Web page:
Elizabeth Taylor has signed a contract to do a book. It won't be a kiss-and-tell autobiography, and it won't be a diet or exercise manual. The superstar has signed with G.P. Putnam's Sons and Berkley Press for an undisclosed sum for her personal view of women's attitudes toward weight gain and loss and the ways in which they affect a woman's image and self esteem. This could be a new trend: self-analysis of the stars. A hardback edition is expected out next year.
Taylor was quoted by her publishers as saying "It has been many years since I wrote a book and I'm thrilled and excited about this new endeaver. I wrote my first book when I was 12 years old, entitled 'Nibbles and Me.' " It was published in 1946. Her second book, "Elizabeth Taylor, An Informal Memoir," was published in 1964. By contract, Taylor will travel and appear on the various television talk shows to promote the book. Think of the fun she'll have discussing diets with Joan Rivers on the "Tonight" show. No writer has been named yet to work with Taylor on the project. It's a safe bet it won't be Taylor's unofficial biographer Kitty Kelley. Amy Carter's Apartheid Protest
Amy Carter, the 18-year-old daughter of former president Jimmy Carter, sat in Providence, R.I., District Court yesterday among accused prostitutes, thieves and shoplifters before pleading innocent to charges that were later dropped for participating in an antiapartheid sit-in at the IBM Corp. The Brown University freshman and 13 others were arrested Wednesday while demonstrating in IBM's Provincetown office, protesting what they said was IBM's nearly $100 million investment in South Africa and company support of South Africa's policy of racial separation.
Charges against the 14 students were dropped yesterday at the request of IBM "for business reasons." A spokesman for IBM said the corporation is opposed to South Africa's policy of racial separation and is working to change the apartheid system. Leaving the hearing with fists held high, the students marched hand-in-hand through downtown streets singing "We Shall Overcome." Amy, who has been a member of the Rhode Island Free South Africa Coalition since entering Brown, said, "If my father hadn't been Jimmy Carter, I still would have done this today." She was arrested here last April at a demonstration at the South African Embassy. A spokesman for the Carters said her parents would not be commenting on this incident. Good Hands at the White House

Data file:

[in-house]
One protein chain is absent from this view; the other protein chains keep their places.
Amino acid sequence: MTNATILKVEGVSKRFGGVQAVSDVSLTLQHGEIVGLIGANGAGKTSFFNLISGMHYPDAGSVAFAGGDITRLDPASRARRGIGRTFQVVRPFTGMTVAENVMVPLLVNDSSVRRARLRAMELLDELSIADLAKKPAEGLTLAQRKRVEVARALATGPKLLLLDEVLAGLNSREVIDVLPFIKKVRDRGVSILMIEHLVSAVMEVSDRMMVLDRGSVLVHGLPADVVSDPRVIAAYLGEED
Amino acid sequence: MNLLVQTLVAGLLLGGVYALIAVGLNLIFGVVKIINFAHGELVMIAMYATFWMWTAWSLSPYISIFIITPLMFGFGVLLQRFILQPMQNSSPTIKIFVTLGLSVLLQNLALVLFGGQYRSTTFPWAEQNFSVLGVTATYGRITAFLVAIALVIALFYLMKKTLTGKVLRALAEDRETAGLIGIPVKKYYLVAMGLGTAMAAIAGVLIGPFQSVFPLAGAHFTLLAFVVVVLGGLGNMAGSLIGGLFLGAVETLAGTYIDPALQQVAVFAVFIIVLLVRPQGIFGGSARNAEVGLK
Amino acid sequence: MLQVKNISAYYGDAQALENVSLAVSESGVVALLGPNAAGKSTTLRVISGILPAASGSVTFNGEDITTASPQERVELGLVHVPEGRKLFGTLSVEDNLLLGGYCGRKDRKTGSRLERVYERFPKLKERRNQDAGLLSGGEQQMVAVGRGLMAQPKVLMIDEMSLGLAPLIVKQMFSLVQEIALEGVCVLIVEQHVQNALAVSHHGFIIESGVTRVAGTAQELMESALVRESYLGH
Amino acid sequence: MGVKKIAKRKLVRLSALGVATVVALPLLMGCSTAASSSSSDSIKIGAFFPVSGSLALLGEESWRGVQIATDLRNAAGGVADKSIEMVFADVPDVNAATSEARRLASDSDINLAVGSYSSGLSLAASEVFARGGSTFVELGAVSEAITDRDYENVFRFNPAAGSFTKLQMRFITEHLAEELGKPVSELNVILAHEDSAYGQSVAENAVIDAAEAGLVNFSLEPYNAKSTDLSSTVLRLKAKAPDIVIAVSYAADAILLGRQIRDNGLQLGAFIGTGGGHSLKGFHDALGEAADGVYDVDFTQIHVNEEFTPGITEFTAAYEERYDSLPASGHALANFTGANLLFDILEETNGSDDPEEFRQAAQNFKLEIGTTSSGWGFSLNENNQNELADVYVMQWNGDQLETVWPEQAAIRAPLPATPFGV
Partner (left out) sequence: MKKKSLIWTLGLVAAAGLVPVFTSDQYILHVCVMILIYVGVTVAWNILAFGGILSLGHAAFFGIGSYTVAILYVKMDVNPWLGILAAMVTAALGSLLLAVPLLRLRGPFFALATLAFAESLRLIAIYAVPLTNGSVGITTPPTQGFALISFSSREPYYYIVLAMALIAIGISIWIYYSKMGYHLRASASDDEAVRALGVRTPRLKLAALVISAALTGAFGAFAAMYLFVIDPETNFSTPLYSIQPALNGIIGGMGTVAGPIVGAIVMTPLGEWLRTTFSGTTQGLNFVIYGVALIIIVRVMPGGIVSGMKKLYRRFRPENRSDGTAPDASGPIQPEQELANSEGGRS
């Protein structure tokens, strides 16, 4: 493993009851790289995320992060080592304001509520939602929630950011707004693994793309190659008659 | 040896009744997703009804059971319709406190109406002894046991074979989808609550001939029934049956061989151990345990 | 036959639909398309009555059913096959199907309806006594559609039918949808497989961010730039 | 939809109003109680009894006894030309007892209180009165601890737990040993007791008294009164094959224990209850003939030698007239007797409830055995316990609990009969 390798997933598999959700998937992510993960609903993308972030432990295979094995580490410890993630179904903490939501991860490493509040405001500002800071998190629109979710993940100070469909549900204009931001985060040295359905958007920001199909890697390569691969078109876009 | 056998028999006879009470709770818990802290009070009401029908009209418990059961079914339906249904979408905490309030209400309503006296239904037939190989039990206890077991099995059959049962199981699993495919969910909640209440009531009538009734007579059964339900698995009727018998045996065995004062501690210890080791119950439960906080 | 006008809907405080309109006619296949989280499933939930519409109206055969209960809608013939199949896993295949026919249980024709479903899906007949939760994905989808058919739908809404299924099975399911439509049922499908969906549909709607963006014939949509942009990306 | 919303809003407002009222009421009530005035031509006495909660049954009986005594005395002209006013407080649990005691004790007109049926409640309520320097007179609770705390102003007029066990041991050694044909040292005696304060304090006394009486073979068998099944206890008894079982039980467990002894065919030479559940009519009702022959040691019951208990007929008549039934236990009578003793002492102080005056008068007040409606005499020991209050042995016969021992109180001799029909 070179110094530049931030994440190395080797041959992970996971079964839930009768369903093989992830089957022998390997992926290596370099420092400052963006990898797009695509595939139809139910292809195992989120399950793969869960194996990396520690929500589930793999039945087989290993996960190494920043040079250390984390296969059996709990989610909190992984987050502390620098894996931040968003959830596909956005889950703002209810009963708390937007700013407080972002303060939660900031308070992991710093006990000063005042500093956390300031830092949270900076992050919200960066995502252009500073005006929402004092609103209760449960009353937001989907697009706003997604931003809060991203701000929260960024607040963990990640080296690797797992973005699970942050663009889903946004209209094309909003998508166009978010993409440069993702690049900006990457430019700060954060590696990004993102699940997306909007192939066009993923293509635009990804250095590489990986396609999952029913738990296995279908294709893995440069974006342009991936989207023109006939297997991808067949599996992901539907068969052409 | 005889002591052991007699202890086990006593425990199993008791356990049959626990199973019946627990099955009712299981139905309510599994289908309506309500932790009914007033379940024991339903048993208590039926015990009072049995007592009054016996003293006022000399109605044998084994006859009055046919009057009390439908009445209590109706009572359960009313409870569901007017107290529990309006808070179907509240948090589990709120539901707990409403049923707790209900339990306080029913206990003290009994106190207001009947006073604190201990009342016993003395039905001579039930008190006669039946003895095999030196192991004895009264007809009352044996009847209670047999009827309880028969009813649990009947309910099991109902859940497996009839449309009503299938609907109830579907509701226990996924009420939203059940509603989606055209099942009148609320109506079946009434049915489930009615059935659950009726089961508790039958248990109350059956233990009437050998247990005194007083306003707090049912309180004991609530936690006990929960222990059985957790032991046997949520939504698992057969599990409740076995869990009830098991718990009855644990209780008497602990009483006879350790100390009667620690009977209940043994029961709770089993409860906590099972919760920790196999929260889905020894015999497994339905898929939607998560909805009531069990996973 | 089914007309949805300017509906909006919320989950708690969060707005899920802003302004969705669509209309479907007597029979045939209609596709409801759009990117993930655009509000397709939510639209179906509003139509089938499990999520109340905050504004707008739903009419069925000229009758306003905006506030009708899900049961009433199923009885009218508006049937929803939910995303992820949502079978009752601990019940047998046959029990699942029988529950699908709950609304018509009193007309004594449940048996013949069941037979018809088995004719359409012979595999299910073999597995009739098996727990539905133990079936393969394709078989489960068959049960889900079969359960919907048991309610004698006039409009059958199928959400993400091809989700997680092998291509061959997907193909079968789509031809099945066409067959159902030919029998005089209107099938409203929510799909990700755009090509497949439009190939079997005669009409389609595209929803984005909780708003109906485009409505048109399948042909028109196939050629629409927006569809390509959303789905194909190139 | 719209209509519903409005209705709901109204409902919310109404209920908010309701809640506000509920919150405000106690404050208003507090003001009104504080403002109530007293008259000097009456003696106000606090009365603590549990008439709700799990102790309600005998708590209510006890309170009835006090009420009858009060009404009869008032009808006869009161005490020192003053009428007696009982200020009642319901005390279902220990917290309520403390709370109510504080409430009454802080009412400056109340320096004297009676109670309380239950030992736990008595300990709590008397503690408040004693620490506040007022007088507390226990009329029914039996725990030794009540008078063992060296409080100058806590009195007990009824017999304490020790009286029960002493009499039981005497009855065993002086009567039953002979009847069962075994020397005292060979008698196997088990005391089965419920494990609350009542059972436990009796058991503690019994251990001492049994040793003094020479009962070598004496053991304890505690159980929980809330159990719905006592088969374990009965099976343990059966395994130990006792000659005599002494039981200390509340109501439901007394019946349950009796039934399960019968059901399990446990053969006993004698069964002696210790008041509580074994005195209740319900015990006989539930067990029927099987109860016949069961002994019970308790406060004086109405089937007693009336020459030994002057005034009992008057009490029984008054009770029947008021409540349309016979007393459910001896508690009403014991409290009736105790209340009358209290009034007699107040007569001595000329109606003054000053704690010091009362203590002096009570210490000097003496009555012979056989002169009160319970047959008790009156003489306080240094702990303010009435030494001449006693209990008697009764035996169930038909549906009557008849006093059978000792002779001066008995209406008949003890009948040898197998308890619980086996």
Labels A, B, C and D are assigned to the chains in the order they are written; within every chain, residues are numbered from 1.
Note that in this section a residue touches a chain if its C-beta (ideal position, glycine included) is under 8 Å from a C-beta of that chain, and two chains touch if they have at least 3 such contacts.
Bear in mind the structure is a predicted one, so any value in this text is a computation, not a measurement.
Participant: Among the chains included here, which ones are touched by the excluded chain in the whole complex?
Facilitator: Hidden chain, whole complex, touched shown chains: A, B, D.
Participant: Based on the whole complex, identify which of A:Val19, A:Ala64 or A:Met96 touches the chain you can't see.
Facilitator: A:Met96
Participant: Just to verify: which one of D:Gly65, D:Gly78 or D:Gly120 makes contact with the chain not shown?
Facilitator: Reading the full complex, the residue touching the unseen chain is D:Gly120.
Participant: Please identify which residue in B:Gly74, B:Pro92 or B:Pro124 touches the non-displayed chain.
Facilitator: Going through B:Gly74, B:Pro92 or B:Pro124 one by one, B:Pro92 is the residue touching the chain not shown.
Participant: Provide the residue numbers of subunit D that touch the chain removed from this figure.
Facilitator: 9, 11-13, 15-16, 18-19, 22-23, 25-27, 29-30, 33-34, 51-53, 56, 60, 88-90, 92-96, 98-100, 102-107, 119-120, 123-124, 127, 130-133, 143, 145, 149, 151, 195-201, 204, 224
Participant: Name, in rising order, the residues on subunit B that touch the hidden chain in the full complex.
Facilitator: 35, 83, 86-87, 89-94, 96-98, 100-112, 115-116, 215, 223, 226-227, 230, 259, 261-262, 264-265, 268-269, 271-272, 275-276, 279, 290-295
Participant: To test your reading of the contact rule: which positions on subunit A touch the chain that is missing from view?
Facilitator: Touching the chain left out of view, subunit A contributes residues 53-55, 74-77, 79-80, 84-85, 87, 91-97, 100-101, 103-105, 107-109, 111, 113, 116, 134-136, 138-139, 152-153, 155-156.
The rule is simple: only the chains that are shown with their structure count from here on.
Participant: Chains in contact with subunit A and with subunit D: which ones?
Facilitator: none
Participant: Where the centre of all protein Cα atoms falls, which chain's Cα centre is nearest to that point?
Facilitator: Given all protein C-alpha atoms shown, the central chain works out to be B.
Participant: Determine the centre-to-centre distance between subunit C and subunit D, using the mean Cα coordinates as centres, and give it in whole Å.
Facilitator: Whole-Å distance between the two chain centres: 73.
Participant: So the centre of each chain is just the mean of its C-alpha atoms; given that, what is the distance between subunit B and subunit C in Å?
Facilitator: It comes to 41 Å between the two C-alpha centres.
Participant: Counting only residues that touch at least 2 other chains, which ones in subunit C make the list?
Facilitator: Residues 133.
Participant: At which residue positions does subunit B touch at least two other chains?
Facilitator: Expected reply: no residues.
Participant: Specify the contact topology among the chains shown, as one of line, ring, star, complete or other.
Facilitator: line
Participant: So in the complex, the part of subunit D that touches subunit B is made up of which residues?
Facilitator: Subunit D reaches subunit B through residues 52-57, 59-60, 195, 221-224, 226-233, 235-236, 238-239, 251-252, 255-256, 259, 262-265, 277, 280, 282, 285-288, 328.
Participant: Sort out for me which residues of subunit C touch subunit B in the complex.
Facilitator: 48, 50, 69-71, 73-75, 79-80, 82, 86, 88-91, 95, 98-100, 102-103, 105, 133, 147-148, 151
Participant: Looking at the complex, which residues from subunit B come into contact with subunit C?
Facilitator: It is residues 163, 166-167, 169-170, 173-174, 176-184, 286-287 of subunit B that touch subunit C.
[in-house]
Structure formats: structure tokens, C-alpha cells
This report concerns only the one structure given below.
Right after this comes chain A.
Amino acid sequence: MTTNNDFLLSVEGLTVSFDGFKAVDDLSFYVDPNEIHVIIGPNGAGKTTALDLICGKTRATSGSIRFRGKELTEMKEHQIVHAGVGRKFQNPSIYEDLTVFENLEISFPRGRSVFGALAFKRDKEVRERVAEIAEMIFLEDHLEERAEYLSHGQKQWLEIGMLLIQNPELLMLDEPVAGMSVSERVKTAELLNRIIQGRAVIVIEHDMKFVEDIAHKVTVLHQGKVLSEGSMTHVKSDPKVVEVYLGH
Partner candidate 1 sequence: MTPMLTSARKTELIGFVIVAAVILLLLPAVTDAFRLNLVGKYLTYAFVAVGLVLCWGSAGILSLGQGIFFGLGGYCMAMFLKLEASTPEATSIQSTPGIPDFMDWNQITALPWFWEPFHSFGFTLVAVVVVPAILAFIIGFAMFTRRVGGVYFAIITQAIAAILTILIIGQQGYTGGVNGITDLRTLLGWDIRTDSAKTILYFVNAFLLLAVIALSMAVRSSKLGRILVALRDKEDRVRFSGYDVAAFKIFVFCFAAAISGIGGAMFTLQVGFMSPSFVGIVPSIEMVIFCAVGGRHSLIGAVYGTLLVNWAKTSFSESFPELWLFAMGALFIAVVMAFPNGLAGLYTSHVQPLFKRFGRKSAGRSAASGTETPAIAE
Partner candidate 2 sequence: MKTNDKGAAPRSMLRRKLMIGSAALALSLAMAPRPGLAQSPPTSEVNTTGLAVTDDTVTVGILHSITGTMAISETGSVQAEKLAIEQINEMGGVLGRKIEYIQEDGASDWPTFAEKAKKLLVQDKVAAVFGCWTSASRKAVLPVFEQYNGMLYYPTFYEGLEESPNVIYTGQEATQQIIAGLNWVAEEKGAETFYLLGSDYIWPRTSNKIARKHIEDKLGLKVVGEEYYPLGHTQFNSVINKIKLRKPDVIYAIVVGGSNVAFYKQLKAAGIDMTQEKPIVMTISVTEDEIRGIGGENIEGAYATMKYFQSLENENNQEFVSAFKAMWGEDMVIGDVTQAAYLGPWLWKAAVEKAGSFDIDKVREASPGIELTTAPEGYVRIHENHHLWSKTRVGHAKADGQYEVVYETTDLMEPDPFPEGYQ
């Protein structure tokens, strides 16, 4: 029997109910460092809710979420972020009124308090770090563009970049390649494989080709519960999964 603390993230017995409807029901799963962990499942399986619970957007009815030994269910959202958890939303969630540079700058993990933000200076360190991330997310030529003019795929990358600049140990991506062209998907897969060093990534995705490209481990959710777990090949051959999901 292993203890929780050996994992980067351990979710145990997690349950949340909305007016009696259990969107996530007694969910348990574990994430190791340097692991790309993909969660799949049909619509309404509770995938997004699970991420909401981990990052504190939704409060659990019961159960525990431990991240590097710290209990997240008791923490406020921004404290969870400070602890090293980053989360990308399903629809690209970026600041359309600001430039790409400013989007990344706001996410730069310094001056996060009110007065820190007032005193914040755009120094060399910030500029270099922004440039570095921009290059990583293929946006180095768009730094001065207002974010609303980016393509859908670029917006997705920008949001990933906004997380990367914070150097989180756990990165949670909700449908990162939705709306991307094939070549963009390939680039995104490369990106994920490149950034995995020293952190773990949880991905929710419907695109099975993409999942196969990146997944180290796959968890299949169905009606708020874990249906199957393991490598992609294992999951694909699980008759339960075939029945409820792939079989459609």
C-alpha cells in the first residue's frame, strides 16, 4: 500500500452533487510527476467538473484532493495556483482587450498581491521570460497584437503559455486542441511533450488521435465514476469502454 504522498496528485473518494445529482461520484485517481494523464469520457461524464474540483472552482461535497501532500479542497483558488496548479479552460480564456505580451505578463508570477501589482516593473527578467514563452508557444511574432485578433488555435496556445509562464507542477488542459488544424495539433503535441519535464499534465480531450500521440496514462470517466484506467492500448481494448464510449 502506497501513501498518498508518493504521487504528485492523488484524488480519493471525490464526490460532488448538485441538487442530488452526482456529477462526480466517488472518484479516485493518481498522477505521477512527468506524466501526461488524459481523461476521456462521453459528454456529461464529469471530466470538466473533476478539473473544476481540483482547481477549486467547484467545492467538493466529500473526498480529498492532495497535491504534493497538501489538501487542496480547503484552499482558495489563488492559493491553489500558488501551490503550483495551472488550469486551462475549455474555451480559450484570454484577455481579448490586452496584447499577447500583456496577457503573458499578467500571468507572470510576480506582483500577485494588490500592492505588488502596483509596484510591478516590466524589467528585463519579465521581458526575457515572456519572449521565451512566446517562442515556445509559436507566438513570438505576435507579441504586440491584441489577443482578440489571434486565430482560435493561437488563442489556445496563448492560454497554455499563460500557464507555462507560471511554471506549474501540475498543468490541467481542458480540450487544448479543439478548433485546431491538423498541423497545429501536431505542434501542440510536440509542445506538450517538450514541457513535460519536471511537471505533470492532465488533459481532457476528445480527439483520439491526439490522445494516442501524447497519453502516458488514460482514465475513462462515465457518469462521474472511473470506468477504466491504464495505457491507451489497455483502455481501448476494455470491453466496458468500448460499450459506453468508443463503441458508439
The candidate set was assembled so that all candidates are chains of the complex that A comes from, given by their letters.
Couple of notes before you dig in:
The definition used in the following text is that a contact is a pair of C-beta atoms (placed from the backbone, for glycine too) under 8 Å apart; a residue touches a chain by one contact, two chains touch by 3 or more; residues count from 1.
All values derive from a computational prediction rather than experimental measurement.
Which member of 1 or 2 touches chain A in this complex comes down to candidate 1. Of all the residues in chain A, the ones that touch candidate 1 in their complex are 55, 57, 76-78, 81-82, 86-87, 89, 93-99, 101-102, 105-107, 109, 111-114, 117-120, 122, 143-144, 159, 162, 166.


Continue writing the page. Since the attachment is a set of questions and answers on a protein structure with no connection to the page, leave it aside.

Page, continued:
It might easily be said yesterday that the president met with two men who have good hands. President Reagan had meetings with two different artists, Marvelous Marvin Hagler, world middleweight champion, and the great pianist Vladimir Horowitz. They were not at the same meeting. Hagler met with the president to be congratulated for his 12th successful defense of his title March 10.
Horowitz was there as the first major American performer to perform in the Soviet Union as part of the new cultural exchange agreement the president signed at the Geneva Summit. The 81-year-old Horowitz, who will leave next month on the trip, will perform in Leningrad and Moscow. It will mark the first time he has been in the Soviet Union since he left there 60 years ago. End Notes
If you watch the hot television series "Miami Vice" you might in some future episode catch a glimpse of Washingtonians Florenz and Nan Ourisman. Ourisman, a former vice president and owner of Ourisman Chevrolet, has a home in Palm Beach, Fla. It was at a Planned Parenthood fund-raising auction there that he bid $2,700 for the opportunity play a walk-on part. They haven't filmed their spot yet. The show called them once when they were unable to make the shooting . . .
Viking Press agreed to an out-of-court settlement to satisfy a suit brought by the widow of a man who claimed Pulitzer Prize-winning author William Kennedy had libeled her and her husband. Marie Maguire of Albany claimed an anecdote in Kennedy's "O Albany!" libeled her and her husband John Maguire, who died in January. A passage recounts a story that John Maguire supposedly told about receiving money to vote a certain way in an election. Maguire's lawyer said the story was untrue. Kennedy said the incident was "unnecessary." He said a phone call from Maguire would have been enough to eliminate the story. Kennedy and Maguire were Albany Times Union reporters in the 1950s . . .